Friday, December 09, 2016

'Hark the Herald Angels Sing'

If you want a quietly solemn way to end the midnight service, sing “Silent Night.” If you want a song that will transport the congregation to heavenly realms, go with “O Holy Night.” But if you want to get people out of their seats, charged up and ready to move, the Christmas carol you want is “Hark the Herald Angels Sing.”

The secret is in that tune. Written with an upbeat tempo and in a major key, “Hark the Herald Angels Sing” is the Christmas carol for a celebration. It's a versatile song, one that can sound heavenly when it's sung acapella or accompanied by a violin; but if you listen to the music, it's just as easy to imagine it played on trumpets like a quartet of heralds announcing a royal arrival. It's virtually impossible to get this song wrong. It can even be played on an organ and still come out inspiring.

We owe “Hark the Herald Angels Sing” to the prolific creativity of Charles Wesley, the credited author of more than 6,000 hymns. Wesley — who, like his brother John and their father, was an ordained minister of the Church of England — is also remembered as the founder of Methodism. The denomination takes its name from a prayer group the Charles Wesley founded while he was attending Christ Church, Oxford, that was known for its intensive, methodological approach to studying the Bible.

Wesley considered hymns, made easier to remember by virtue of being sung, a natural way to teach. He brought his meticulous approach to Bible study to bear so that the lyrics became not just recountings of stories in the Bible or passages of Scripture set to music, but miniature lessons in church doctrine. It would be as though contemporary theologian N.T. Wright put portions of “Surprised by Hope” to music, and then received airtime comparable to popular Christian singers like Chris Tomlin.

Originally published in 1739, "Hark the Herald Angels Sing" underwent some minor changes under the revival preacher George Whitefield, who changed the opening lines of the first verse (from “Hark! how all the welkin rings / Glory to the King of Kings”) and added the familiar couplet that closes each verse. The song originally had the same tune as "Christ the Lord Is Risen Today," but in 1855 musician William H. Cummings adapted Mendelssohn's song to fit the lyrics. For all that, “Hark the Herald Angels Sing” is no exception to the depth of Wesley's writing.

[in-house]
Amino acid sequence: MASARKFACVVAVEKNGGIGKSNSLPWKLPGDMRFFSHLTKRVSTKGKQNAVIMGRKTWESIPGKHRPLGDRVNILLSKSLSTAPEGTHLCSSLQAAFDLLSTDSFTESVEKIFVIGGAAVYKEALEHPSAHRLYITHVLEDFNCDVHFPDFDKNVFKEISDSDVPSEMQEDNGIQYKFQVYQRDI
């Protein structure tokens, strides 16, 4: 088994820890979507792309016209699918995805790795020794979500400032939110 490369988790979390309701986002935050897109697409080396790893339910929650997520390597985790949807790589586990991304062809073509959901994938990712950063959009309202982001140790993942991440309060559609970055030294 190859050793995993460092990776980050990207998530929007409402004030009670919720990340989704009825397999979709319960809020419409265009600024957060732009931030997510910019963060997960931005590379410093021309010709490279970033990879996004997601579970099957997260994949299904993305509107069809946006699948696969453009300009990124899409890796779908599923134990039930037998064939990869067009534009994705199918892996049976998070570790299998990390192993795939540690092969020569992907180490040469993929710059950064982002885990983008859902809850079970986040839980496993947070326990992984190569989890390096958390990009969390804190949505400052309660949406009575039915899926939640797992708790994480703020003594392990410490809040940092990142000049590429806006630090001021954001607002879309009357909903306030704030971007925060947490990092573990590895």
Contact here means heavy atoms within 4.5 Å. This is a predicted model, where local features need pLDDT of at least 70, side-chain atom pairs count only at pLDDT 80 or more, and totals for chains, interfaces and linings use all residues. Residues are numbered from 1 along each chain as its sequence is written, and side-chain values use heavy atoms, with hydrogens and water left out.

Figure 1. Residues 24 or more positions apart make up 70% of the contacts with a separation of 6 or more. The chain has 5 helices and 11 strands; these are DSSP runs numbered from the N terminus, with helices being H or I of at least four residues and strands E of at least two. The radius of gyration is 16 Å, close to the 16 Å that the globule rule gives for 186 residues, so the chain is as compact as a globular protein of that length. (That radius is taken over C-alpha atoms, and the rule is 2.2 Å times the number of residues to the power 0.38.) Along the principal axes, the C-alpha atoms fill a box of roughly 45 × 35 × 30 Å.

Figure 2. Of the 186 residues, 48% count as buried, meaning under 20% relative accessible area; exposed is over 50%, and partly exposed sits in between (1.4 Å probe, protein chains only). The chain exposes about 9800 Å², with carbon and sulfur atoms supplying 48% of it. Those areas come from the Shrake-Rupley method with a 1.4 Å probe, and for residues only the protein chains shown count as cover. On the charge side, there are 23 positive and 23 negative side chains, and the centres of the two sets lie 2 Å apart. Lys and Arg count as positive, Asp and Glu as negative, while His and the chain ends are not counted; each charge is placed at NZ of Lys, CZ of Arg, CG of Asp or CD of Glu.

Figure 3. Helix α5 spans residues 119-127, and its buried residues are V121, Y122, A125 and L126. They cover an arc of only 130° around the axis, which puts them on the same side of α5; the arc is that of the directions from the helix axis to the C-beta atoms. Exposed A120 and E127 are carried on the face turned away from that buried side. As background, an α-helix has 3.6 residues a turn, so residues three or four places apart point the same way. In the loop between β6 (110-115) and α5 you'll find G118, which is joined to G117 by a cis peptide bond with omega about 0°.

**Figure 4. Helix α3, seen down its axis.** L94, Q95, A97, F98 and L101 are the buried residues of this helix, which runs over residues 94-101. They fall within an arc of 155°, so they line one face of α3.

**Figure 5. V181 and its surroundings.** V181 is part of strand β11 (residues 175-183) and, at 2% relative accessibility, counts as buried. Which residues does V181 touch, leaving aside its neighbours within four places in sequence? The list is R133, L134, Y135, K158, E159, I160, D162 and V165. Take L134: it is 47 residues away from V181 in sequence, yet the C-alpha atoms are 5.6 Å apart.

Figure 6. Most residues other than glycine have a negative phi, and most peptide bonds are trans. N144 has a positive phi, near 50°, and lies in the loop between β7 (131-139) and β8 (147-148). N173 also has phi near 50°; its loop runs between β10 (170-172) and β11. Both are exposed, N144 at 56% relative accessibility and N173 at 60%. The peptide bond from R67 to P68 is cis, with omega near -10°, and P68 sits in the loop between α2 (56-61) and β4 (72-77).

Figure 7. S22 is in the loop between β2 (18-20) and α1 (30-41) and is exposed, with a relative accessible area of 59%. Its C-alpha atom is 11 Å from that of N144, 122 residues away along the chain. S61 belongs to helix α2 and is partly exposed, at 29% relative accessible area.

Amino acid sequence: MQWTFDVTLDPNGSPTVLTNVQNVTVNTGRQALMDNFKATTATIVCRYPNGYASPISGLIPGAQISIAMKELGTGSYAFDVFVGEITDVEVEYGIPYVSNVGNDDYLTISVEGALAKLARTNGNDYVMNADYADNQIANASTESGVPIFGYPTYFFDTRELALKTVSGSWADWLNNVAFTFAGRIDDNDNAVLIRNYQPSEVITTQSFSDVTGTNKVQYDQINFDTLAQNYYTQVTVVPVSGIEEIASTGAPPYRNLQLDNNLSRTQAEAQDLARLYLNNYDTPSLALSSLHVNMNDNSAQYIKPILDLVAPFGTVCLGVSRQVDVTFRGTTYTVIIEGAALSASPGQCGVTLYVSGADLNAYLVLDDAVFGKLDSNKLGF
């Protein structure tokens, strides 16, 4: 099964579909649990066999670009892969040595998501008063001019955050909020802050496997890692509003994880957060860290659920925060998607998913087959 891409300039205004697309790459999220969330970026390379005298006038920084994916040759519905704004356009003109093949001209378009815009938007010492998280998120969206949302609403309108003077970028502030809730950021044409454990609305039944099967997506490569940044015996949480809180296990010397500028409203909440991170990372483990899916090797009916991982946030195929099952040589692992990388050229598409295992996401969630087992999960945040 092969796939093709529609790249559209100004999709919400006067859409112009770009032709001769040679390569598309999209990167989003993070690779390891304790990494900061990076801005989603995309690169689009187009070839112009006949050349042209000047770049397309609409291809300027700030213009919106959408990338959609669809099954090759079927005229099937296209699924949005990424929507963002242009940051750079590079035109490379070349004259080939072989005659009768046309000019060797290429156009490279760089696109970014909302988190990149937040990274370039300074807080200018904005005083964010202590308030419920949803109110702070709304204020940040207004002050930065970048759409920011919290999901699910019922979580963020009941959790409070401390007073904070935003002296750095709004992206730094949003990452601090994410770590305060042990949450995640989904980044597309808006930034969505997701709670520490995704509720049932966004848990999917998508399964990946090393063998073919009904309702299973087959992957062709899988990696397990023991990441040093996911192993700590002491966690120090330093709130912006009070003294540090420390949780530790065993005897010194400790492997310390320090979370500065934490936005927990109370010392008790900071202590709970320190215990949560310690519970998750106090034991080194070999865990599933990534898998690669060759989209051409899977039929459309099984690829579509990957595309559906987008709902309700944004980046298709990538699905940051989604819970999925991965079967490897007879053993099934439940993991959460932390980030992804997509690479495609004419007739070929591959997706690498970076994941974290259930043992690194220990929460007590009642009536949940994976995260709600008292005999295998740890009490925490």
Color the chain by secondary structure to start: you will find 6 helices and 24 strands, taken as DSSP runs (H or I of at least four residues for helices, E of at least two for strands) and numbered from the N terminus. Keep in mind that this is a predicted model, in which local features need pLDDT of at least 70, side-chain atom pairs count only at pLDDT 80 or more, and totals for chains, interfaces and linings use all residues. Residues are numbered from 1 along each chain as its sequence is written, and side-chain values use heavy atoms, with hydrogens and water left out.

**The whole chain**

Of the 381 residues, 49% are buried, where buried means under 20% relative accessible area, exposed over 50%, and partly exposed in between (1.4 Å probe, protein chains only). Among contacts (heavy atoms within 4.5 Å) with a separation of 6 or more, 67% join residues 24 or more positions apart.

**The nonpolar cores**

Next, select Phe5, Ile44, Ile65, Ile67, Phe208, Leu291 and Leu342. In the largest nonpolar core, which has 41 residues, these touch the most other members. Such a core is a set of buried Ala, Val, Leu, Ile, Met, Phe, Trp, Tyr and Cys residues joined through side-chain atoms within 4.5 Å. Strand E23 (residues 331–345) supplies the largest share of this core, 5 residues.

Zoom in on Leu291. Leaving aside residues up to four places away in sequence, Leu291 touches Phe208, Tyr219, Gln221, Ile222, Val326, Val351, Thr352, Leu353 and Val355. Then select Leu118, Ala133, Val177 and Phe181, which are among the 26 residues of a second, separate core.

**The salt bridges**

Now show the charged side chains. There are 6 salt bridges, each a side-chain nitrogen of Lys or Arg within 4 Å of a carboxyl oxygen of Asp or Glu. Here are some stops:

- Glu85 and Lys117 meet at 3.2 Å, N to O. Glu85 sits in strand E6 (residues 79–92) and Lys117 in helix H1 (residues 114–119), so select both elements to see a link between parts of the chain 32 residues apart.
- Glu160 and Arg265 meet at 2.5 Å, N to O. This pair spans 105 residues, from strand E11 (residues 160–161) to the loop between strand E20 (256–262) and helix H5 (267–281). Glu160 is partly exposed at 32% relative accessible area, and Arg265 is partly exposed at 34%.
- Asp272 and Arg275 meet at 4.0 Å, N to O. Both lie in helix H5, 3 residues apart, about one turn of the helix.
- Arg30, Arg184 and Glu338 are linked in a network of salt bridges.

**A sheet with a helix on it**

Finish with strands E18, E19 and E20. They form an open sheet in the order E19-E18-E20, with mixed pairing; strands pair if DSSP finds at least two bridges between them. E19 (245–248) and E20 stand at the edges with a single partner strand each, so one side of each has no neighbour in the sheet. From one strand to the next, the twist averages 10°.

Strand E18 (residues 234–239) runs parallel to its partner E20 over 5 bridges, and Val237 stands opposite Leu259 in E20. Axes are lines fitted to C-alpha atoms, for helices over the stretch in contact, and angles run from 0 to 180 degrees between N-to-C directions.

The carol begins by placing the singers in the position of the shepherds of Luke's gospel as the angels appear and announce the birth of Jesus. To modern sensibilities, this a nice place to be. The shepherds are a quaint pastoral touch, and most of us are happy to identify with them in the gospel narrative as the first to hear that Christ has come.

We lose sight of how radical and subversive Luke's gospel is on this point, because the truth is that the shepherds embody the sort of people we usually go out of our way to avoid. People in the first century were discouraged from buying anything directly from shepherds because it was a given that anything a shepherd tried to sell was probably stolen. Even their testimony was inadmissible in the courts. This wasn't a quaint or pastoral group of people; it was an assemblage of crack addicts from under the bridge who aren't allowed to vote.

It's among this group of felons and illiterates that Wesley's hymn places us, as they receive the unexpected announcement from the angels, along with the news that the new king has removed any barriers that may have kept the from God: